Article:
On Monday TMZ leaked a harrowing video (above, but be warned it shows graphic violence) showing Baltimore Ravens running back Ray Rice knocking out his then-fiance (now wife) Janay Palmer in an elevator at the Revel Hotel and Casino in Atlantic City. Rightfully there has been uproar about the incident since the video's release, which resulted in the Ravens posting the following yesterday:
This was followed up by the NFL giving him an indefinite suspension from playing for any National Football League team, with NFL spokesman Greg Aiello tweeting:
People have criticised the NFL's response to the incident, which was initially only a two-game suspension issued back on 24 July. The NFL said it hadn't actually seen the tape at this point (claiming they'd seen it for the first time on 8 September when it was released by TMZ). NFL commissioner Roger Goodell later apologized for their initial timid response, issuing a statement to the NFL owners on on 28 August:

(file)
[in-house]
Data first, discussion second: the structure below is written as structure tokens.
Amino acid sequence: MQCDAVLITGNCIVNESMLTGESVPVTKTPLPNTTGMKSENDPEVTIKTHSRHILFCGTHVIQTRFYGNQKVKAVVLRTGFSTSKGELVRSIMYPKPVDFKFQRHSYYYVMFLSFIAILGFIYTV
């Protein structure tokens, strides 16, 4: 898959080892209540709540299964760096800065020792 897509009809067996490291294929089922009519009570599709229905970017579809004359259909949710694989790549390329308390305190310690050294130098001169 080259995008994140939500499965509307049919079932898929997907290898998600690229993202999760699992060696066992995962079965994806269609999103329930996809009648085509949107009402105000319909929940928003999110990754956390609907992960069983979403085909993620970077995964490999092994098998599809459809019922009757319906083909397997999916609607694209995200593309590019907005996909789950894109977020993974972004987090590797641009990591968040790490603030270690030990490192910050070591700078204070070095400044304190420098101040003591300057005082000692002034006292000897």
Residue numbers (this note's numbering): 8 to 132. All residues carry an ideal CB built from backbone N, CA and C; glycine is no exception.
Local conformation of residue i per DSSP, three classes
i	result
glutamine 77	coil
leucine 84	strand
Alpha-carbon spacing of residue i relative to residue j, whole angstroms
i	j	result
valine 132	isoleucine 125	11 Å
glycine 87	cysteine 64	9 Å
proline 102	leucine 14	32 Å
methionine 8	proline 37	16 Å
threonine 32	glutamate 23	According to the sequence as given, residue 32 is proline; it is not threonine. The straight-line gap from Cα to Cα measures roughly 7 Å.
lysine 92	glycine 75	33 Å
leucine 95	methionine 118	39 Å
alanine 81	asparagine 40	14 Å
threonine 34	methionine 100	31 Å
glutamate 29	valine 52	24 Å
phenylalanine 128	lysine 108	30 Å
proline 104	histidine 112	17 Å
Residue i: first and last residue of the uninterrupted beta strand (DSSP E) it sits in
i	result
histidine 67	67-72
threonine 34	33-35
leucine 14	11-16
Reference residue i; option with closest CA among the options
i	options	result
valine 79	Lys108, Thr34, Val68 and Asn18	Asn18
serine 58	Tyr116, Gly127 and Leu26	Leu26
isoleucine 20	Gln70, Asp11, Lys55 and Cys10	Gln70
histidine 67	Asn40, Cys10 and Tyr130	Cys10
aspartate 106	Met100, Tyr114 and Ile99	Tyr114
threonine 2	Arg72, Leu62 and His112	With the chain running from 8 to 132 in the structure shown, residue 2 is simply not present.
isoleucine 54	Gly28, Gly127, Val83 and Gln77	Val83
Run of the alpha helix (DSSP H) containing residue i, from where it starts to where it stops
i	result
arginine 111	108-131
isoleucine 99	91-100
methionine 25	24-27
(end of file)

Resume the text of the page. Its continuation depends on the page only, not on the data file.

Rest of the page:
My disciplinary decision led the public to question our sincerity, our commitment, and whether we understood the toll that domestic violence inflicts on so many families. I take responsibility both for the decision and for ensuring that our actions in the future properly reflect our values. I didn't get it right. Simply put, we have to do better. And we will.
Once TMZ leaked the video players were quick to condemn what Rice had done.
While many were outraged by the video, others were skeptical about why the Ravens and the NFL were only now reacting properly to the incident after a public outcry. Former NFL punter Chris Kluwe was one of the people voicing his skepticism. And so was National Post reporter Eric Koreen.
Sports columnist Dave Hyde wasn't convinced either.
Hyde also pointed out that football has a larger problem with covering up acts of domestic violence, which it hasn't really addressed.
It was a thought that was echoed by others.
The questions now is, how will the Ravens and NFL move forward after the suspension? Some people think further discipline is needed, some want Goodell's head on a stick, others want to see the case reopened.
The Atlantic County Prosecutor's Office is unrelenting in its decision not to put Rice in jail though. "Mr. Rice received the same treatment by the criminal justice system in Atlantic County that any first-time offender has, in similar circumstances. The decision was correct." Jay McKeen from the Atlantic County Prosecutor's Office told NJ.com.
Meanwhile, over on Fox & Friends they sunk to new depths as hosts Brian Kilmeade and Steve Doocy made tasteless, and unnecessary, jokes about the incident.
via Bleacher Report, TMZ, NJ.com